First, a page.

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MPs pass law meant to curb forced labour, as critics decry its lack of teeth

The Canada flag flies on top of the Peace Tower on Parliament Hill in Ottawa on Monday, March 6, 2023. The House of Commons has passed a law that takes aim at child labour and forced labour around the world. THE CANADIAN PRESS/Sean Kilpatrick The Canada flag flies on top of the Peace Tower on Parliament Hill in Ottawa on Monday, March 6, 2023. The House of Commons has passed a law that takes aim at child labour and forced labour around the world. THE CANADIAN PRESS/Sean Kilpatrick
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OTTAWA -

A bill that aims to expose the use of child labour and forced labour around the world passed the House of Commons on Wednesday.

The new law will require Canadian companies and government departments to scrutinize their supply chains and file public reports on their efforts to improve labour practices.

The intent is to ensure none of their products or components are made by children in sweatshops in other countries, or by people forced to work excessive hours.

Businesses that don't comply could face fines of up to $250,000 for failing to report, and the bill allows for the potential ban on importing goods found to be produced with forced labour.

Conservatives supported Liberals in passing the bill, which first cleared the Senate and was sponsored in the House of Commons by Liberal MP John McKay.

McKay called it a modern slavery law and said in a statement it has "serious teeth that will turn Canada from a laggard to a leader in the global fight against slavery and the worst forms of child labour."

Independent Sen. Julie Miville-Dechene, who introduced the bill, said in a statement that it's urgent for Canada to join other countries in taking action.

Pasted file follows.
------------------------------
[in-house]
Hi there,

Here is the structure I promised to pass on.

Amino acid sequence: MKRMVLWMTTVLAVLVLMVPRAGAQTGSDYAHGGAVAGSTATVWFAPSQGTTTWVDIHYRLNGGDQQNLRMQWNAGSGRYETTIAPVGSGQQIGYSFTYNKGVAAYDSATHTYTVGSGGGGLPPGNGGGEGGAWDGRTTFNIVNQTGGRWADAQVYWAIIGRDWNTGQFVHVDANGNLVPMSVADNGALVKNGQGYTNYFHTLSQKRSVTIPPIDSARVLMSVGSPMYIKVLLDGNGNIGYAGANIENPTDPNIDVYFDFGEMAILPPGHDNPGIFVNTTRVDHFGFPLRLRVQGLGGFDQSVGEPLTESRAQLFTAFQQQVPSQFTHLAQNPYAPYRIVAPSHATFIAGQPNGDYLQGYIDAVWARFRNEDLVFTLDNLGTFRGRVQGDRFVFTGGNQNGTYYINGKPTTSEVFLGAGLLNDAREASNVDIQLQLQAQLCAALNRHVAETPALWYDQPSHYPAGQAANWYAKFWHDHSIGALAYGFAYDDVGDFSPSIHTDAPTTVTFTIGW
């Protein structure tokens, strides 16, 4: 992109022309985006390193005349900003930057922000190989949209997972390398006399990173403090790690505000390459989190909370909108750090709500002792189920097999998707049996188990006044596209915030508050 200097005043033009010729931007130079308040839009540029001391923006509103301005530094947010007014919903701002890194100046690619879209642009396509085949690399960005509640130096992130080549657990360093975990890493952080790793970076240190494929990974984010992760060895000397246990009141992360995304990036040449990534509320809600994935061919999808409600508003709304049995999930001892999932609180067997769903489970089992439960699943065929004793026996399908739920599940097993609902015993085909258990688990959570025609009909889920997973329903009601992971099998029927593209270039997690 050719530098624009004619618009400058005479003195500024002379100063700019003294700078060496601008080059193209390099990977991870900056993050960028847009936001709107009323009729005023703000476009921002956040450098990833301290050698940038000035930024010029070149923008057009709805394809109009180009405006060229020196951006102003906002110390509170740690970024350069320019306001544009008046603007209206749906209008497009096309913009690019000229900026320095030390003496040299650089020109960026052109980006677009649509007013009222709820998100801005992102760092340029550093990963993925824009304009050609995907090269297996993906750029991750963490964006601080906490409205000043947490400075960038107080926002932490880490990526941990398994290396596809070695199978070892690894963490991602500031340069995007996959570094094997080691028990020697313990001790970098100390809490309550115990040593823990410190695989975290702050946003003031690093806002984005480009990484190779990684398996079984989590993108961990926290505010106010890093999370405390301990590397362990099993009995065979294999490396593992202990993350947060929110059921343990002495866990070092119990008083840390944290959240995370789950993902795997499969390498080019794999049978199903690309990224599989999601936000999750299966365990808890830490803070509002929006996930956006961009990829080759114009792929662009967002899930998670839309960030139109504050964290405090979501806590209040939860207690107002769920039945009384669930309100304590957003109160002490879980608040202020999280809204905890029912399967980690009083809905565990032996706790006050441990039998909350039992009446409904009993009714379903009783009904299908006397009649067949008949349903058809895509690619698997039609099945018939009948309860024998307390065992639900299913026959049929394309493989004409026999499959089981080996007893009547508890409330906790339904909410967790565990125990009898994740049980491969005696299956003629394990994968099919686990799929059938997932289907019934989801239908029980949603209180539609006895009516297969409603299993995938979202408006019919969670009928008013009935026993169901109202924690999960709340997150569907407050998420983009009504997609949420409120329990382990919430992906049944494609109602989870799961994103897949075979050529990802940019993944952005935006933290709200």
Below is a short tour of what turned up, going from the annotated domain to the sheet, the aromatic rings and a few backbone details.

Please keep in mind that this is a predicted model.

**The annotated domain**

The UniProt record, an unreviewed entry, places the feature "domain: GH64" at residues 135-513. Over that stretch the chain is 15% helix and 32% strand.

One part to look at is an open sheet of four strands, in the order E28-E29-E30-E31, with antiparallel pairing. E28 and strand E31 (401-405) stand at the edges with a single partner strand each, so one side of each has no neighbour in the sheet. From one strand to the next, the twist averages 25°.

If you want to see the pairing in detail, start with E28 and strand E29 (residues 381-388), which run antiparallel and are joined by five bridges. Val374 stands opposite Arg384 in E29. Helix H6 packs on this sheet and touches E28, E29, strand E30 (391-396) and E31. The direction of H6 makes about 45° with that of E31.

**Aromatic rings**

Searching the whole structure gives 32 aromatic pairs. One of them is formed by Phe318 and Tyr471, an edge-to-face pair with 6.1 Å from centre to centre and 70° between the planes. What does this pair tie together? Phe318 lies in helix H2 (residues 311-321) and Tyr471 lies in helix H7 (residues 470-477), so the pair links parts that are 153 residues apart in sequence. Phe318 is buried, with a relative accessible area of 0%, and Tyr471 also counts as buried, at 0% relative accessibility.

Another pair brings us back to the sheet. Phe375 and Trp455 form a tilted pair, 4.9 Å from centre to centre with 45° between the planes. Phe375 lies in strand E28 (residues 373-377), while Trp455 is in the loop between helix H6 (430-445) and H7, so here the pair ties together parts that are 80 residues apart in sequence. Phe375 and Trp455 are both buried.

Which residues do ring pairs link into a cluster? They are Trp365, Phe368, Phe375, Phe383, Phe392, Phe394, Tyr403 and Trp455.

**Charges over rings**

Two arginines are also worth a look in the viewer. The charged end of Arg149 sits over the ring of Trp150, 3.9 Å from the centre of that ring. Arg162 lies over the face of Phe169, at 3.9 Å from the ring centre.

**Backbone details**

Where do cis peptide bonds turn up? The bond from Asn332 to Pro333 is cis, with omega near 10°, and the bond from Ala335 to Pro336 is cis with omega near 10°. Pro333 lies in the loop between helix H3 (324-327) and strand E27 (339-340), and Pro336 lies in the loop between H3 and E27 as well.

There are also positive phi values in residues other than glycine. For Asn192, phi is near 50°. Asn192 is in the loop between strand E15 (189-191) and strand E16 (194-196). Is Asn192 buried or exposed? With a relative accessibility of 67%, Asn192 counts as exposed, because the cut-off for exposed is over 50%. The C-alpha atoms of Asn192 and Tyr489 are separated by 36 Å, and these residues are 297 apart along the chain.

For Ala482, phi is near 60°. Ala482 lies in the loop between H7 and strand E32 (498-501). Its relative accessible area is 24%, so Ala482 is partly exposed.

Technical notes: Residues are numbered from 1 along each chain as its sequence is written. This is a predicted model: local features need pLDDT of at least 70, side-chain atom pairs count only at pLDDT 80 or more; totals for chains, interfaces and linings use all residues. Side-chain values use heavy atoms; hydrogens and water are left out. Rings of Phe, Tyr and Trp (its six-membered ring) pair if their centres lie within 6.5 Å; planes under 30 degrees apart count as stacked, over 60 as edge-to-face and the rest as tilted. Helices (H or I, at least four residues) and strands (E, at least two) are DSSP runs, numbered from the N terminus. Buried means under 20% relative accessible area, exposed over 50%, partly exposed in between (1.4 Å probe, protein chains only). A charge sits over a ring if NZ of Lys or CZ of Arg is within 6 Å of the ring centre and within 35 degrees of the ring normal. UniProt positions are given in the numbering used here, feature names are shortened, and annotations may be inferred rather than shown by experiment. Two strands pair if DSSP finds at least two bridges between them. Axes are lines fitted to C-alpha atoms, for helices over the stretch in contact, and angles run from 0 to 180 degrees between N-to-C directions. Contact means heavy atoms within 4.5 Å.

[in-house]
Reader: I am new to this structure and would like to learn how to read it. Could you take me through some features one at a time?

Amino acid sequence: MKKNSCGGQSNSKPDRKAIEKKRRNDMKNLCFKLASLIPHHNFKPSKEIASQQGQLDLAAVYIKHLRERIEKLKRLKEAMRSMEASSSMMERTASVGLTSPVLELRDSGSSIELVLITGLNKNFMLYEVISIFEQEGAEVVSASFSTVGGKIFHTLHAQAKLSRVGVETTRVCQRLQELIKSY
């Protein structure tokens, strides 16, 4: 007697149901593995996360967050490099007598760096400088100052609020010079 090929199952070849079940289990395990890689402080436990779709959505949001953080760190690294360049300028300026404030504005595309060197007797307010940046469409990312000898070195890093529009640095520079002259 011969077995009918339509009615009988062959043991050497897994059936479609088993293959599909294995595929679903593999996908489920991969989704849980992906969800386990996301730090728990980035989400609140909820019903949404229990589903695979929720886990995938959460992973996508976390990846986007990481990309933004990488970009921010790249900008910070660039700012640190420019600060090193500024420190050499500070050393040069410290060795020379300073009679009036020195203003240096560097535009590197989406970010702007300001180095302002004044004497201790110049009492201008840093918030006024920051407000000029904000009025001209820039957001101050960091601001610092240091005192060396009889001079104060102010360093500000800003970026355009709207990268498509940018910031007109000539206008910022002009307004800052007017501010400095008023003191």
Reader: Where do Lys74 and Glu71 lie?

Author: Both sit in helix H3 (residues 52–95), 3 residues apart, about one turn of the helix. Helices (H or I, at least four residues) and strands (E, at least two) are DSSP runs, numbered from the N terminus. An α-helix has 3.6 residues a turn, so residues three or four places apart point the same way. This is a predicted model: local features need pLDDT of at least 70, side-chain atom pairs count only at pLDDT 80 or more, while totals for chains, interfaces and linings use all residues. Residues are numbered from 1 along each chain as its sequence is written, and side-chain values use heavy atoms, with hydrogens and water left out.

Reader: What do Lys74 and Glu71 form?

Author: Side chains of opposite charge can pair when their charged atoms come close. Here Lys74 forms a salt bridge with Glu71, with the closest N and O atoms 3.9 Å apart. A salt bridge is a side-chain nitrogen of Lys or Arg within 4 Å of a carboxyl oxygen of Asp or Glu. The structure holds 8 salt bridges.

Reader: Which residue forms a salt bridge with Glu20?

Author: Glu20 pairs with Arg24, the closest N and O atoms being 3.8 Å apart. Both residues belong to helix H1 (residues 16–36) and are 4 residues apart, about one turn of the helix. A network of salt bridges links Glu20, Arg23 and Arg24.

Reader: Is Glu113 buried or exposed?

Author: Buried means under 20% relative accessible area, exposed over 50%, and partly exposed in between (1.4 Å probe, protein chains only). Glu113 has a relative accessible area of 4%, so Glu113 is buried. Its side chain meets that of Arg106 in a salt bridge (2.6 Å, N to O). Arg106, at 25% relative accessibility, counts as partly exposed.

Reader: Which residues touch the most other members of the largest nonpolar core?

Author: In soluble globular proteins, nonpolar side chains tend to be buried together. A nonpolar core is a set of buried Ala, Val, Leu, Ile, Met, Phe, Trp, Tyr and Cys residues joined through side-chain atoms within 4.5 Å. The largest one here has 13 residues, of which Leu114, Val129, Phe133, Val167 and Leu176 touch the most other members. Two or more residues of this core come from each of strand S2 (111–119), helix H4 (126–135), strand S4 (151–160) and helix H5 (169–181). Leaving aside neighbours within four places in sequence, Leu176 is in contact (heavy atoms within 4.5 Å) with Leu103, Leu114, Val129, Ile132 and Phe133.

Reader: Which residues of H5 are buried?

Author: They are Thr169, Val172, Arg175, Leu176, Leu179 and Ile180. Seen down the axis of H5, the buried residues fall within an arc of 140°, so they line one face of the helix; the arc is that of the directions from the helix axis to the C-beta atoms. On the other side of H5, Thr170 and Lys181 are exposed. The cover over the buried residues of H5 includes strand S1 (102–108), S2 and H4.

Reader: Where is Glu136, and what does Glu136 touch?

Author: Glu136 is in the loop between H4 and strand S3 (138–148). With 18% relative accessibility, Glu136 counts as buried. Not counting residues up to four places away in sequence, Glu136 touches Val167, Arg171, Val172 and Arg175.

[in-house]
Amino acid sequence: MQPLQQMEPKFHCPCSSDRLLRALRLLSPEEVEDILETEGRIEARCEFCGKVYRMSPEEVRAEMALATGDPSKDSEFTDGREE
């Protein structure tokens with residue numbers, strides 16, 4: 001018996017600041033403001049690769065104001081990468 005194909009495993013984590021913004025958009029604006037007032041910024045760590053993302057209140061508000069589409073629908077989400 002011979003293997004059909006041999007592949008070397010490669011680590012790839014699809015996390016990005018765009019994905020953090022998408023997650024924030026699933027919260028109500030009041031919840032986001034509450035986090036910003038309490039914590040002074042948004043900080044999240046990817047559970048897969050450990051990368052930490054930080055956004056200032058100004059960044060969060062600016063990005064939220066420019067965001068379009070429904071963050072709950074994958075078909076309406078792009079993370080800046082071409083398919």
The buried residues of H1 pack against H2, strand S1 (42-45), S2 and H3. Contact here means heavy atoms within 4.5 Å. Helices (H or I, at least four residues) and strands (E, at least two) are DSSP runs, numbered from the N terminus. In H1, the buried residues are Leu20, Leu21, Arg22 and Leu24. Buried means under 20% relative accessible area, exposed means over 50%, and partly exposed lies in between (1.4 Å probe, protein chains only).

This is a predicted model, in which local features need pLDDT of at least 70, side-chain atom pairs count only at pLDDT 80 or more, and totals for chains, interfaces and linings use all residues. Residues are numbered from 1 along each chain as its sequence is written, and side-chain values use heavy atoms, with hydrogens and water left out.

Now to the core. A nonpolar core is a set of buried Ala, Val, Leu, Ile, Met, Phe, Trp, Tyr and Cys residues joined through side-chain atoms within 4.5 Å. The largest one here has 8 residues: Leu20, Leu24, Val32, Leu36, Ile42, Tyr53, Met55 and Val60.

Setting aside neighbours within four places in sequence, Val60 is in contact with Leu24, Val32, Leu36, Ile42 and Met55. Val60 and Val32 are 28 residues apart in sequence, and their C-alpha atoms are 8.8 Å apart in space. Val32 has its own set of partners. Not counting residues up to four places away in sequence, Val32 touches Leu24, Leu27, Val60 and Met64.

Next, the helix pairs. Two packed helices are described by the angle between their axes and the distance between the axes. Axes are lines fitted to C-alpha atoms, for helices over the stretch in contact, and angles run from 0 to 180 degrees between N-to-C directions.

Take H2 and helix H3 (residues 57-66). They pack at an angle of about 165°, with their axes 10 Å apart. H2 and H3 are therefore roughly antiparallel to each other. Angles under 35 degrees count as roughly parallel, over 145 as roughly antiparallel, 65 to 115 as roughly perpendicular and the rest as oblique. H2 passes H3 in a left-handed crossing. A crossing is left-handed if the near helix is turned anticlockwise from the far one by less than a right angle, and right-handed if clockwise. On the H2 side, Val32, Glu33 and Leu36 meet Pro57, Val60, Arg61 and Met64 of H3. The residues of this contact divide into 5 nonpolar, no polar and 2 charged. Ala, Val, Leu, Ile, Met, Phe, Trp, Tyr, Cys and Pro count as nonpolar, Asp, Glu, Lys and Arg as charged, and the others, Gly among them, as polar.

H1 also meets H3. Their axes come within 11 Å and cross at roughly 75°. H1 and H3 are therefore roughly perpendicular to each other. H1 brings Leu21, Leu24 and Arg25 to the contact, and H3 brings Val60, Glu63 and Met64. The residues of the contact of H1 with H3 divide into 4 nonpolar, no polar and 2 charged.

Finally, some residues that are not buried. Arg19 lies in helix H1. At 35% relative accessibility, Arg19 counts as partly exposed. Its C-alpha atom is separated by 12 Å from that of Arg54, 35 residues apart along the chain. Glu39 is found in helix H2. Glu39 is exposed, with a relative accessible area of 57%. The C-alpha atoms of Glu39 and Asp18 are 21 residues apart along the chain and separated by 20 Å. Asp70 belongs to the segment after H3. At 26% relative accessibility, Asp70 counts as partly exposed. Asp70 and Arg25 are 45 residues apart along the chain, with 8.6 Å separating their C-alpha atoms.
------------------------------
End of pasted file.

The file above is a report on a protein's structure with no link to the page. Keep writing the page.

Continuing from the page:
"According to the International Labour Organization, there may be as many as 50 million people in the world working in some form of modern slavery, up 10 million from five years ago," said Miville-Dechene.

However, the Bloc Quebecois and NDP have been critical of the measure, saying it doesn't actually hold companies accountable and doesn't have the power to end these harmful practices.

The Canadian Network on Corporate Accountability had urged MPs to vote against the bill because it does not require companies to do anything about human rights abuses in their supply chains or global operations.

The organization said in a statement the law "makes it look like the government is taking real action on human rights when it is not."

"It will not provide people who are harmed by Canadian companies, or their subsidiaries, or their suppliers, access to remedy for the abuse they have suffered, such as by bringing their grievances to Canadian courts," the network said.

It also developed model legislation that inspired a private member's bill introduced by Peter Julian last year.

Bloc and NDP MPs voted against the bill on Wednesday.

Labour Minister Seamus O'Regan said that's only because those parties wanted "to move it further."

"This is one of those instances where everybody, I think, is headed in the same direction."

While he said the bill is to be applauded, he also said the government is planning its own approach to tackling forced labour.

The government promised in its March budget to introduce a totally separate law, and O'Regan said this will deal with due diligence, ensuring companies act on information if they find forced labour in their supply chains.

O'Regan said the government is looking at best practices around the world, including the United States, European Union and Australia, as it comes up with its own legislation to achieve that.

Consultations are set to start in the coming months. He could not say how likely it will be that this second bill becomes law, though he noted that it was promised in the budget and the government would have more ability to manoeuvre it through Parliament than the bill that passed Wednesday, which came from the Senate.

This report by The Canadian Press was first published May 3, 2023.

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